Court Officer Plans For Life On The Road


Payson Police officer David Paul just can't seem to get the hang of retirement. But, in 27 months he's already counting he's going to give it a second try.

"I've got a new pickup, a fifth-wheel and (my wife and I) are going to travel," Paul said.

Paul's first attempt at retirement came at the age of 49 after spending 23 years with the Maricopa County Sheriff's Department. He and his wife moved to Payson in 1991.

For the next three years, Paul worked as a reserve officer for the Gila County Sheriff's Department, while trying to get ready for his Golden Years. Boredom finally won out, and he joined the Payson Police Department in 1993.

In 1998, while still with the department, Paul was assigned to the Payson justice and magistrate courts.

"As the judicial enforcement officer, I set up payment schedules, and contact people by telephone or in person, regarding their fines," he said. "I also work as security officer in this court, and also if they need one in the superior court."

Aside from his work with the court, Paul volunteers his time for the Pinal Gila Behavioral Health Association a nonprofit organization that oversees behavioral health services in the two-county region.

Paul has been on the PGBHA board of directors for seven years, and Jan. 1, began his one-year term as president.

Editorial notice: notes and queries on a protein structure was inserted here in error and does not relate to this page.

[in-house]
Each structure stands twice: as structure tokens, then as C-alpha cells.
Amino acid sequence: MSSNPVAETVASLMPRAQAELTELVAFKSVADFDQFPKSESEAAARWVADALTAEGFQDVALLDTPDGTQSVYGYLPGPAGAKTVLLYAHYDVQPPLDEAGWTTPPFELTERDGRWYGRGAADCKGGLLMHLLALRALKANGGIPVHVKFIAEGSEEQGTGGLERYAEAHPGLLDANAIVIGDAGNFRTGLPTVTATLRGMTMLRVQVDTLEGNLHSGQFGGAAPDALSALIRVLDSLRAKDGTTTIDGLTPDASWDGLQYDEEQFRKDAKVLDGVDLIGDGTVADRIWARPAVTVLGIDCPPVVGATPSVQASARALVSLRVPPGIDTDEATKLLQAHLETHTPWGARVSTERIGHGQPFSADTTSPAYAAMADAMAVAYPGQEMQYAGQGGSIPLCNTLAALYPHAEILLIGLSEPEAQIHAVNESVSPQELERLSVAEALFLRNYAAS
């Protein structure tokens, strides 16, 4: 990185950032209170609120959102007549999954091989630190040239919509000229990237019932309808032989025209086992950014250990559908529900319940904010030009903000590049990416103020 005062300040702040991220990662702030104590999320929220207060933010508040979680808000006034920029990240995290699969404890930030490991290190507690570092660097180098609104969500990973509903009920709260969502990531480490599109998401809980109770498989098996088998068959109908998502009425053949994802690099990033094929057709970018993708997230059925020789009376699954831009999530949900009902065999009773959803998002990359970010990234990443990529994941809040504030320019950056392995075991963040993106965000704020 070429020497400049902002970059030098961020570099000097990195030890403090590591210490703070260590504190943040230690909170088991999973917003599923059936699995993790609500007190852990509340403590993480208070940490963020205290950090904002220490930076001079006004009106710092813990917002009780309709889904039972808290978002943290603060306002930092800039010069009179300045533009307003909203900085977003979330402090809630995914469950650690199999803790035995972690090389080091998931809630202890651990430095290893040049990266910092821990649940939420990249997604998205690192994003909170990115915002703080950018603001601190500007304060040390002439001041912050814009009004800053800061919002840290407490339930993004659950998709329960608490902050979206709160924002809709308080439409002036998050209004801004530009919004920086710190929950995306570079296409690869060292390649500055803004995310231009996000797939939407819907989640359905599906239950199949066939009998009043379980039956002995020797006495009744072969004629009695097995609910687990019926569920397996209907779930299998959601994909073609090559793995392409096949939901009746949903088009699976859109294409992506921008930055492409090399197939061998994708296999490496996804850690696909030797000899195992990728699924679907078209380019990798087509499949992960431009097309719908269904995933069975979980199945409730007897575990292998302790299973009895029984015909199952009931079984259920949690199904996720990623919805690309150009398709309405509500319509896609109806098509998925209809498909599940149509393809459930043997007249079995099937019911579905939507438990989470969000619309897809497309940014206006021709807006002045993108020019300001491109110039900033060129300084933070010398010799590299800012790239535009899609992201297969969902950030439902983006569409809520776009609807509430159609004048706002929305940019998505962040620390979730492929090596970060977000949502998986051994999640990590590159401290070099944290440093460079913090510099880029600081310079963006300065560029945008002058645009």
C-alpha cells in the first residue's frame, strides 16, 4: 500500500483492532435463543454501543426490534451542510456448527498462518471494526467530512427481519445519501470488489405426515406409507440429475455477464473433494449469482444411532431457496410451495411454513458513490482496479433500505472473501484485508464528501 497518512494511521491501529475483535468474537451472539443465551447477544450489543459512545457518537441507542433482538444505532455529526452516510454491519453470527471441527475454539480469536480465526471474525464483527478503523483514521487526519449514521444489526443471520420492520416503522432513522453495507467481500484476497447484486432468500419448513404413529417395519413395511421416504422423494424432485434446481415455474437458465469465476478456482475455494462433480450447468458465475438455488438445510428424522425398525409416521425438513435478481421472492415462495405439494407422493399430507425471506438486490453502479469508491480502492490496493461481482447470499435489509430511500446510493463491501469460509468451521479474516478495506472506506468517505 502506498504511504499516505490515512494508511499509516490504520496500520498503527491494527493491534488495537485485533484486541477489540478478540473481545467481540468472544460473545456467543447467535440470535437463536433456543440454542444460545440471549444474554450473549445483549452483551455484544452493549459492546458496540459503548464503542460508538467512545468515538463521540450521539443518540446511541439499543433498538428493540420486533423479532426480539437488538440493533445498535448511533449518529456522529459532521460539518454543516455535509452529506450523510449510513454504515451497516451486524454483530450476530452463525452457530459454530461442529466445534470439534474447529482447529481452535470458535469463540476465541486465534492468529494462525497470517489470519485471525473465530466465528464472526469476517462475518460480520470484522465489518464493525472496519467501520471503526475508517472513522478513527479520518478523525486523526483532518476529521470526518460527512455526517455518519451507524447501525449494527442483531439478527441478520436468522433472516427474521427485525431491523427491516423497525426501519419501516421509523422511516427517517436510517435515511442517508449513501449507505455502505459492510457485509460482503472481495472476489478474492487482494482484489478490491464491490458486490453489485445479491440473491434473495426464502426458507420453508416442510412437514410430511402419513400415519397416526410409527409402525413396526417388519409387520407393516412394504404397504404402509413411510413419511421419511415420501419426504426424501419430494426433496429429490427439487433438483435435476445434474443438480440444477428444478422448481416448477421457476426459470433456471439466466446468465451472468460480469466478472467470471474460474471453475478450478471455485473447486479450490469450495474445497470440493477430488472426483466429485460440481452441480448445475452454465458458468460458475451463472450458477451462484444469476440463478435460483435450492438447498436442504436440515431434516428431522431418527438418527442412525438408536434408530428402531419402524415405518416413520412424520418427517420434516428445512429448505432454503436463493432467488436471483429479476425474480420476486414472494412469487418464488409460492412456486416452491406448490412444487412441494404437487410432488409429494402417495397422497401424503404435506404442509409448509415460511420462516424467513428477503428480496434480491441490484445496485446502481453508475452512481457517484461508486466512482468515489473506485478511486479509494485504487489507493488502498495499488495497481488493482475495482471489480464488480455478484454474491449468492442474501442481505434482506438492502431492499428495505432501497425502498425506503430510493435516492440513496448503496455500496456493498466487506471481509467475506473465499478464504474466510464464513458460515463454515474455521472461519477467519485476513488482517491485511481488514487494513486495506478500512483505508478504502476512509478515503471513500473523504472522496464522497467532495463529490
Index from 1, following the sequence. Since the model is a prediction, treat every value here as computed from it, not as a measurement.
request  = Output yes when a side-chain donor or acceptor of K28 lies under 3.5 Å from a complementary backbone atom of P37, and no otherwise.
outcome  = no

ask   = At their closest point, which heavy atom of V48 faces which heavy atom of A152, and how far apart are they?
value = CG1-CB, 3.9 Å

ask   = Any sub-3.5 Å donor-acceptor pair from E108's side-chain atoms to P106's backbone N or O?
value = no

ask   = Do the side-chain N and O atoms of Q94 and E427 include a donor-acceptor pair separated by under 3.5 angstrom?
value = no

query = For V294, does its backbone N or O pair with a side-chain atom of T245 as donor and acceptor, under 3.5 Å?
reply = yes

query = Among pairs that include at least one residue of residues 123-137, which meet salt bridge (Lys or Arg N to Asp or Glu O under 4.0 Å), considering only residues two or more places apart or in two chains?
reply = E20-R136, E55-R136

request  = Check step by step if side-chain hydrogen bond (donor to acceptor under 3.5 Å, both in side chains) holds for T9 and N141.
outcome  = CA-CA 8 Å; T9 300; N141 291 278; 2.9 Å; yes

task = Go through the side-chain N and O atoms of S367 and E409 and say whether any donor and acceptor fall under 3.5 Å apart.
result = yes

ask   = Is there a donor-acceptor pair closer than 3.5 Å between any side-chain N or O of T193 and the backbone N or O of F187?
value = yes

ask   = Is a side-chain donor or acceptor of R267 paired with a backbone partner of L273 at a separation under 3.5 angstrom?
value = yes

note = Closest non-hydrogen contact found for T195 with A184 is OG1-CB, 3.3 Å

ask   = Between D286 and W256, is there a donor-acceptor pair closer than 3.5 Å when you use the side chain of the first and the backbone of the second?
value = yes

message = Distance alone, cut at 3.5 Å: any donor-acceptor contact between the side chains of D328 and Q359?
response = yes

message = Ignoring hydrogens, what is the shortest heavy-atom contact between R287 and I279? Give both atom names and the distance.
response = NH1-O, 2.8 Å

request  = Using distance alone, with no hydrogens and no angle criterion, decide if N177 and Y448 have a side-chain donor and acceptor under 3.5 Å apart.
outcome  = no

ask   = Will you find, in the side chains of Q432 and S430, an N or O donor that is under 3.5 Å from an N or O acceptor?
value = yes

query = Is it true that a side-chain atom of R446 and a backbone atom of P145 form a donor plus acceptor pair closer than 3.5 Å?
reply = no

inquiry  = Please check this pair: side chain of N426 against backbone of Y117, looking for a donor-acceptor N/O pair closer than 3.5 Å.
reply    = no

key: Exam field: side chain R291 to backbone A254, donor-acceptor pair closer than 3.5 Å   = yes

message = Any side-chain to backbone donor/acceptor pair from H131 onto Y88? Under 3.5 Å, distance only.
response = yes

Oddly enough, he said, it was his love of fishing that led him to his involvement with the organization.

"Jack Beveridge is the (chief executive officer) of PGHBA," he said. "He grew up with my little brother, and we were at the lake fishing and he asked me if I'd be interested in it. He said they needed a law enforcement officer to help with problems between law enforcement and the seriously mentally ill community. I volunteered."

The organization, he said, not only works to improve mental health services in Pinal and Gila counties, but also works toward prevention of other behavioral health problems, such as drug or alcohol abuse.

"We have a lot of programs that are run through the schools that are designed with anti-drug or alcohol messages," he said.

While Paul juggles his court duties and his PGBHA responsibilities, he also tries to squeeze in an occasional fishing expedition, and plays as much softball as possible.

And he also polishes his 30-foot fifth-wheel trailer, looking forward to the day he gives retirement a second try.

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